World Health Day meant more to me this year than it ever has. Having just returned to the States after spending six months in Kenya as a Pfizer Global Health Fellow, it was a reminder, among other things, of how little I knew, before I left for Nairobi in August 2005, about the public health challenges the developing world faces.
I went to Kenya to assist the Ministry of Health with their organizational restructuring plans. In order to do that, I had to learn a fair amount. I spent my first month in Nairobi reading everything about the country's public healthcare system I could get my hands on, including the National Health Sector Strategic Plans I and II, Economic Recovery Strategy for Wealth and Employment Creation, the Ministry of Health's Annual Operating Plan, the new Kenyan constitution that had come out of a November 2005 referendum but had not yet been passed, and the Millennium Development Goals (MDG) charter and 2005 progress report.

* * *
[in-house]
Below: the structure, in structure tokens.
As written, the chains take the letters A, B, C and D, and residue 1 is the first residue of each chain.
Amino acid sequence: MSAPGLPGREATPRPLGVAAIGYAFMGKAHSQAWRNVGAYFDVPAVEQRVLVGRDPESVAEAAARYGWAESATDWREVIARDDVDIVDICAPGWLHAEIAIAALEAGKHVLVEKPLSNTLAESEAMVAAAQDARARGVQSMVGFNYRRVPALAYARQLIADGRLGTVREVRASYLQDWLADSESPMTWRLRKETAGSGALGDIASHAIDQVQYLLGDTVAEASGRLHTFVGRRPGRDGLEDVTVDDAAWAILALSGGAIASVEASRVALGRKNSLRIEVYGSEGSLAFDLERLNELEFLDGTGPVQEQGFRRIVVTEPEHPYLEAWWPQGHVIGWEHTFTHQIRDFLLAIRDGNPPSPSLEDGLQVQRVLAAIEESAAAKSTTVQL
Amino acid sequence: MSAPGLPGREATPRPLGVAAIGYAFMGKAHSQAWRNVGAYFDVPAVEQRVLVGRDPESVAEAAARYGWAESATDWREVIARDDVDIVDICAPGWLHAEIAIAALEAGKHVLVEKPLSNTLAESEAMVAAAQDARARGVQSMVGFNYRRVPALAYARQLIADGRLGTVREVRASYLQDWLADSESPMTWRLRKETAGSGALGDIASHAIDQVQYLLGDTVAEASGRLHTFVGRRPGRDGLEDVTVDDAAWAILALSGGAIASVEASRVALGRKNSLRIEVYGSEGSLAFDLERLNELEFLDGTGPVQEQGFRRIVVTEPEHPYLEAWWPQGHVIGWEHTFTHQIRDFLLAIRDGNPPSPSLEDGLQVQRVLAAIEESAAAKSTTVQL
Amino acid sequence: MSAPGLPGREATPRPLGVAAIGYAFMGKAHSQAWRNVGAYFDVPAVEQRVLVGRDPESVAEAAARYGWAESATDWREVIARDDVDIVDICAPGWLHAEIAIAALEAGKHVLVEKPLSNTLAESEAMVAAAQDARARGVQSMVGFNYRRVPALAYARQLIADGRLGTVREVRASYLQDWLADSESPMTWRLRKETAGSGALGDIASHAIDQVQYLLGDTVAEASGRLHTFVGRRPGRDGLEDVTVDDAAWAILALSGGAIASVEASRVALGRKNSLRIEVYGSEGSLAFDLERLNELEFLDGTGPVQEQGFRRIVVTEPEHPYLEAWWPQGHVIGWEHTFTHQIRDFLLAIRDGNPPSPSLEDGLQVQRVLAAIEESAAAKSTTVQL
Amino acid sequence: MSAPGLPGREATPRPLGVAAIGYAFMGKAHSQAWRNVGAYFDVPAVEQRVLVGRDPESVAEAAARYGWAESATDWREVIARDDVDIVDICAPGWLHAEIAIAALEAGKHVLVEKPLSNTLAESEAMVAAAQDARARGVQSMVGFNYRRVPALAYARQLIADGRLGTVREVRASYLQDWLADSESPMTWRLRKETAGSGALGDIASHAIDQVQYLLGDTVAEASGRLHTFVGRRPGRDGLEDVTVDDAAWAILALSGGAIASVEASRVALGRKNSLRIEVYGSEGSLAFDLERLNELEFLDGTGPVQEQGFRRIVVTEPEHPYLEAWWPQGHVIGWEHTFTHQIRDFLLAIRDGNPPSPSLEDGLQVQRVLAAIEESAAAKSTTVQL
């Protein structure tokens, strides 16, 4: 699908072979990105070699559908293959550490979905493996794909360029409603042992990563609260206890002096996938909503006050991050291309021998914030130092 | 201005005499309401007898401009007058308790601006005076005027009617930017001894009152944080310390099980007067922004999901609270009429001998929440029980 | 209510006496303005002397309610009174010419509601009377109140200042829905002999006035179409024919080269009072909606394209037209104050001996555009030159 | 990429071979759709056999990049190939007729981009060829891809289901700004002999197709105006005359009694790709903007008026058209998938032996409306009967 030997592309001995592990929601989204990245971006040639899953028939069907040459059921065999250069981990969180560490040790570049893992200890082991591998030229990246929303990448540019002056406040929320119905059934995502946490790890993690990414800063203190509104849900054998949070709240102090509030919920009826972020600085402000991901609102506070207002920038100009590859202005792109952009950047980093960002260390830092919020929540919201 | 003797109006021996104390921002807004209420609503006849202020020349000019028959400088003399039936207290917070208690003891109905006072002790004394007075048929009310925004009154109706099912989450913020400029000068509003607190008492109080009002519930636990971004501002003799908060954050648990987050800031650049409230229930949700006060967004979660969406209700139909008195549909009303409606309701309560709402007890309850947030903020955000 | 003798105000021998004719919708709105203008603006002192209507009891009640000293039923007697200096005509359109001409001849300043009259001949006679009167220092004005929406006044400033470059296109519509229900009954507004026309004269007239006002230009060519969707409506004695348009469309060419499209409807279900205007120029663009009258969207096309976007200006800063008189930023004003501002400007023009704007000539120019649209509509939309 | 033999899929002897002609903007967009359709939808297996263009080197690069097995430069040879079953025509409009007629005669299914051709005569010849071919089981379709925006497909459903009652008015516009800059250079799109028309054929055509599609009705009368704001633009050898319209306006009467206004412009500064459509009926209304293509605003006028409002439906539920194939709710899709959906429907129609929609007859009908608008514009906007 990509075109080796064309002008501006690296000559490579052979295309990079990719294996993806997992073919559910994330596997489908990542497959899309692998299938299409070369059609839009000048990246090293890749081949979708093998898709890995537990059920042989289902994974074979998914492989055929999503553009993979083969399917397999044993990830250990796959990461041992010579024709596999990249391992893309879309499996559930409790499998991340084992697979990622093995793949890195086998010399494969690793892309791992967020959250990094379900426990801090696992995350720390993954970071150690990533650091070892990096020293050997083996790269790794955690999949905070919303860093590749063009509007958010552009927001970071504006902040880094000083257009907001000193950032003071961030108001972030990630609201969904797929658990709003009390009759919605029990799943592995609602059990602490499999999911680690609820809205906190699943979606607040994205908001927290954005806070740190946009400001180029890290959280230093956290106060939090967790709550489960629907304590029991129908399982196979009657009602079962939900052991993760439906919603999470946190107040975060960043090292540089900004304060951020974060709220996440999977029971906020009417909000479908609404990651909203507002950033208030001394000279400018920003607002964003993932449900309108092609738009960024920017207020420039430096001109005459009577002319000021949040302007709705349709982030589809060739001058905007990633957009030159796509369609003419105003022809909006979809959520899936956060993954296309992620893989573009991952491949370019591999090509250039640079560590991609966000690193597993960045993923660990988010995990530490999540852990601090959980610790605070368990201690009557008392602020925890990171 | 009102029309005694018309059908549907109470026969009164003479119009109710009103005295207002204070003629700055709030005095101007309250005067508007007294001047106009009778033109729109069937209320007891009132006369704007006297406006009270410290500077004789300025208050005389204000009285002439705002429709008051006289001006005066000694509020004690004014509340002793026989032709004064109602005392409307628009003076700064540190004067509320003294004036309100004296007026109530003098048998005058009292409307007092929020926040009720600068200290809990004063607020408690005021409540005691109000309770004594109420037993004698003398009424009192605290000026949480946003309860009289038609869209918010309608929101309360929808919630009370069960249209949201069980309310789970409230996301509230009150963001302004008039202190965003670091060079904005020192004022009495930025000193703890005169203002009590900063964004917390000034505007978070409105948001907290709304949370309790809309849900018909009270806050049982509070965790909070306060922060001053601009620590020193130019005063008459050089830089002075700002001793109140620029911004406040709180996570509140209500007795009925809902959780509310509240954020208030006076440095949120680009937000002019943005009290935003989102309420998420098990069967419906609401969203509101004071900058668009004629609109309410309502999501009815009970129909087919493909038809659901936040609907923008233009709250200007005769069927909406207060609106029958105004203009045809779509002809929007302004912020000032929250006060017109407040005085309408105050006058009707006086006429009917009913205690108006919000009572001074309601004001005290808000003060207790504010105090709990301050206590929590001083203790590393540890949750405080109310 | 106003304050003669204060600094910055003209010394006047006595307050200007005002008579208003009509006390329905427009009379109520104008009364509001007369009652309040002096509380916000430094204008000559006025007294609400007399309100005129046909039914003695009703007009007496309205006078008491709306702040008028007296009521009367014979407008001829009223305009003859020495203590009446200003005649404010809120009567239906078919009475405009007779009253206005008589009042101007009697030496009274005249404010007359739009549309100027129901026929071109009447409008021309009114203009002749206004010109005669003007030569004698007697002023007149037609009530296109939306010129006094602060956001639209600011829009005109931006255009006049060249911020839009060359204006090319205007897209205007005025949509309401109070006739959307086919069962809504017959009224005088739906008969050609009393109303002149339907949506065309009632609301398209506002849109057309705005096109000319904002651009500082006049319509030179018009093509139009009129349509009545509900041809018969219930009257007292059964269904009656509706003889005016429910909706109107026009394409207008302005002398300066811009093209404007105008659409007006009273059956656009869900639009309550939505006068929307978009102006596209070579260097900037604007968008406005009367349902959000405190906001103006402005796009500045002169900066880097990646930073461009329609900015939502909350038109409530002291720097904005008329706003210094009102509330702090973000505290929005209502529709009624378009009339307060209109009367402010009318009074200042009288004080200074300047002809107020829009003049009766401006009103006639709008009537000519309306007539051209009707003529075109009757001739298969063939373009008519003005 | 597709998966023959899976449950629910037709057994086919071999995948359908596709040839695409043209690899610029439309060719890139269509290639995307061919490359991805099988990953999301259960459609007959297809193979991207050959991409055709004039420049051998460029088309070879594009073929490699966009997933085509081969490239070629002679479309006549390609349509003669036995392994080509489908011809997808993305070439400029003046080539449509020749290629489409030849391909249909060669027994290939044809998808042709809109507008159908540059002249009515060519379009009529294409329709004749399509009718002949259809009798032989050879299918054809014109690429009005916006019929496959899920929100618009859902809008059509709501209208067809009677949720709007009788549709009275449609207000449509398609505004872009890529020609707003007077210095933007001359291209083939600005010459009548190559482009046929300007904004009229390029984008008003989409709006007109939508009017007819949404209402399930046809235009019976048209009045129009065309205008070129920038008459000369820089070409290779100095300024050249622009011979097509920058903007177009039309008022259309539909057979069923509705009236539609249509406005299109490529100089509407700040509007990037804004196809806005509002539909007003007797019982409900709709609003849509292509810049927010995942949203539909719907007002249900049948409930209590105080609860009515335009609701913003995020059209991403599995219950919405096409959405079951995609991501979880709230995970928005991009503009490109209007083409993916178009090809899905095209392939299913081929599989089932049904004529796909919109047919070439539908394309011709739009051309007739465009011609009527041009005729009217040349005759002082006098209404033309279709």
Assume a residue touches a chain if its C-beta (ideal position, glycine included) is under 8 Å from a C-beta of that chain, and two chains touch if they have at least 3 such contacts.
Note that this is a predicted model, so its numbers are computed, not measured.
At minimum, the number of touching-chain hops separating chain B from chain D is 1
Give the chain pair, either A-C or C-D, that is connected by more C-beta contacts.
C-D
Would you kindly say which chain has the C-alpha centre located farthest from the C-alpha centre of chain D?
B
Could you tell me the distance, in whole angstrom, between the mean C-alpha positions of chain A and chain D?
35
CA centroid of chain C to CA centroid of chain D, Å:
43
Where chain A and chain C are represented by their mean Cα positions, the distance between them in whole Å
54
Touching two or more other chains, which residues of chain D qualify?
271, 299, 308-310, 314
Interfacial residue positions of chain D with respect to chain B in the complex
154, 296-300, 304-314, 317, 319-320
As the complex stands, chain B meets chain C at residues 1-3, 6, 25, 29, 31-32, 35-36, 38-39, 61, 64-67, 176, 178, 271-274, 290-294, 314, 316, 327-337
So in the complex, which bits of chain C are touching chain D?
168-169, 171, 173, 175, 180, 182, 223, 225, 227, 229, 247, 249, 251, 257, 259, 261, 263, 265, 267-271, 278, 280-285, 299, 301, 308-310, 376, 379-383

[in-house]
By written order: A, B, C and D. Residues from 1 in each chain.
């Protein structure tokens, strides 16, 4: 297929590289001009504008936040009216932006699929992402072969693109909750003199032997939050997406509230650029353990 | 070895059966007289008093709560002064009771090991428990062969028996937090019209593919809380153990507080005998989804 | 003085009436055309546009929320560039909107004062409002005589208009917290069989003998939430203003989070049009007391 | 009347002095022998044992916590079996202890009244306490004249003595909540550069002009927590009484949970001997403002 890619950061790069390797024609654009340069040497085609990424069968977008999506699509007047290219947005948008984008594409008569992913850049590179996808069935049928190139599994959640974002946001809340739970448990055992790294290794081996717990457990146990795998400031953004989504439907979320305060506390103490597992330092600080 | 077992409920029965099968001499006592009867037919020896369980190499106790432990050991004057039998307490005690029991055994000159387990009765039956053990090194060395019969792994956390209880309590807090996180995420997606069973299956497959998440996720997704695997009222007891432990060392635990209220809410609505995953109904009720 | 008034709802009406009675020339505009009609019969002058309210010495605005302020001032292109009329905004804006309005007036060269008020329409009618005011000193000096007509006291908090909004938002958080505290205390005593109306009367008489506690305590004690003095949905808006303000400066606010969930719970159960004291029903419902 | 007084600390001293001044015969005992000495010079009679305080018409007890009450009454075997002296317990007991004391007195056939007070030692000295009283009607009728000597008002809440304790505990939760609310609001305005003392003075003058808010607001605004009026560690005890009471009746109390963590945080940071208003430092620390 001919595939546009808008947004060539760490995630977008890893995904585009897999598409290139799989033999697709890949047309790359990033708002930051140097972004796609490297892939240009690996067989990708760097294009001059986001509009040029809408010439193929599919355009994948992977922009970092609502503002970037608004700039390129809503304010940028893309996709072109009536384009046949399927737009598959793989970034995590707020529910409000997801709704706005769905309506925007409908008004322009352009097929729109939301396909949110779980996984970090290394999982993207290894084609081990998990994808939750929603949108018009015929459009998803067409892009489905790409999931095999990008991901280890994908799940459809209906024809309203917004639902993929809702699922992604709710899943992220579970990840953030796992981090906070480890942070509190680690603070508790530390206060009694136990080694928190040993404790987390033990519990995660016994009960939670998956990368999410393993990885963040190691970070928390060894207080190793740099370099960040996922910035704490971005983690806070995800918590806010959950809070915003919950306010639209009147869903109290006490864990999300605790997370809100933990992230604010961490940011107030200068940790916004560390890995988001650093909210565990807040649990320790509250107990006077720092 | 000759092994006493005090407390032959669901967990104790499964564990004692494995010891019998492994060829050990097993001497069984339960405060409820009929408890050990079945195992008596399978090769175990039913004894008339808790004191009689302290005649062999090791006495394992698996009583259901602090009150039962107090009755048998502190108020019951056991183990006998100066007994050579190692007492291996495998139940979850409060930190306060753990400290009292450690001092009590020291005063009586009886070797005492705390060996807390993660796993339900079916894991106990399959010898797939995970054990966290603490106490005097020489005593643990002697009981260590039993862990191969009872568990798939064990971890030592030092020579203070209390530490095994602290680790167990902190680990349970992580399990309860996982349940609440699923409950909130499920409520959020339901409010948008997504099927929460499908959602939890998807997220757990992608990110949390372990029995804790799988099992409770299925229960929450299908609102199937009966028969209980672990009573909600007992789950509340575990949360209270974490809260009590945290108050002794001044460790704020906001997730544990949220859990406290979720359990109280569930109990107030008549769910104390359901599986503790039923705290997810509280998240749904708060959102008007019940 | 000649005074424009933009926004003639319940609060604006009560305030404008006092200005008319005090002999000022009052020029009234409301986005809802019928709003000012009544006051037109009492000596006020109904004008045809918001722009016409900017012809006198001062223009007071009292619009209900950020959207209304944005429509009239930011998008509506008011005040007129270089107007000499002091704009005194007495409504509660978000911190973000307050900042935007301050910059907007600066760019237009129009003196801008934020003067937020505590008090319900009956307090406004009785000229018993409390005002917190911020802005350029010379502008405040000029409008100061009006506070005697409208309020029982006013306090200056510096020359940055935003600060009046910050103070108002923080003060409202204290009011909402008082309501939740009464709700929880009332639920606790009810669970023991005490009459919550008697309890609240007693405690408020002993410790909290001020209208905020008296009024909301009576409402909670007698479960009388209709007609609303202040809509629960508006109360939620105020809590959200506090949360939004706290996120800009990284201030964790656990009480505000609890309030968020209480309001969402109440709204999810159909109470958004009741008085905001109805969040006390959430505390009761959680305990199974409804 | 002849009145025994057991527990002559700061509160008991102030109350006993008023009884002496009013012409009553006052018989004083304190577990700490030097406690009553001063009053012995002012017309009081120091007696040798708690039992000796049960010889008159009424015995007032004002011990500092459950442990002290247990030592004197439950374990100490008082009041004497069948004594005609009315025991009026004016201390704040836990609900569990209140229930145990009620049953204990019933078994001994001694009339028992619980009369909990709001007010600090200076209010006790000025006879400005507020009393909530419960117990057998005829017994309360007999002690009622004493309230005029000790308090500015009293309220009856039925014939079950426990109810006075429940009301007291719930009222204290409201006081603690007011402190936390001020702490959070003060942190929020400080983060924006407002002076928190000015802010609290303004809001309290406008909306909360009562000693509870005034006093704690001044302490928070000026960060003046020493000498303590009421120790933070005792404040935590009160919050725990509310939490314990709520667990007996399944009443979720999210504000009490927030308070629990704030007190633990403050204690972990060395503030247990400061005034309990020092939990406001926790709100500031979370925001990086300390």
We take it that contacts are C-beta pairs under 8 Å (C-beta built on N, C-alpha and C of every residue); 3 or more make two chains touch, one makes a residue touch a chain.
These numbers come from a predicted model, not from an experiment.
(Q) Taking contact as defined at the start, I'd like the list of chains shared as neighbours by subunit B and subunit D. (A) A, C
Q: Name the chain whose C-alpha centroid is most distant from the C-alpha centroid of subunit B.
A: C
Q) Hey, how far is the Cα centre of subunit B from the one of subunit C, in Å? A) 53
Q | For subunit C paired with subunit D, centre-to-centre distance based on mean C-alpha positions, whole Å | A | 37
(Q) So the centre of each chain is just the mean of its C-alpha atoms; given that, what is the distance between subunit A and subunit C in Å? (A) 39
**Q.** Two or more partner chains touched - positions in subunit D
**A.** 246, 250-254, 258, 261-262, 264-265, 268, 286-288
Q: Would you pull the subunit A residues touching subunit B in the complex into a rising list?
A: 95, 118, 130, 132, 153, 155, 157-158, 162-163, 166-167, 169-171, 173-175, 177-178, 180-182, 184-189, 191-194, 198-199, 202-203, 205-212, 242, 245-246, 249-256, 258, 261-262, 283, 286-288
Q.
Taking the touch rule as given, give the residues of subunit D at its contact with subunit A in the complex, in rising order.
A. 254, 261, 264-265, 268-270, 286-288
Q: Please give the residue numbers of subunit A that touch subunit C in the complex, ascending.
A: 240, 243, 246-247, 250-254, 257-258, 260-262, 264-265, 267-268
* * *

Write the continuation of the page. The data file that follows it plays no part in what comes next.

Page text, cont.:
Each of those documents articulates in different but fascinating ways the current state of Kenya's public health system and, more importantly, what it could and should be in the future. Each offers impressive amounts of data and supporting evidence that clearly lay out the rationale for change. The vision is reasonable and compelling: An efficient, high-quality healthcare system that is accessible, equitable, and affordable for every Kenyan. But I soon discovered that while healthcare leaders in Kenya know what needs to be done, the country's crumbling infrastructure and corruption in the political culture undermine their efforts and aspirations at virtually every turn.
The facts are stark: Kenya's population of 34 million is about the same size as California's. Life expectancy is 48 years for women and 47 for men. Roughly 40 percent of rural households and almost 30 percent of urban households survive on less than $1 a day. Fifty percent of all Kenyans do not have access to safe drinking water or proper sanitation, which explains why diarrhea, skin diseases, and intestinal worms are among the country's leading causes of morbidity and mortality.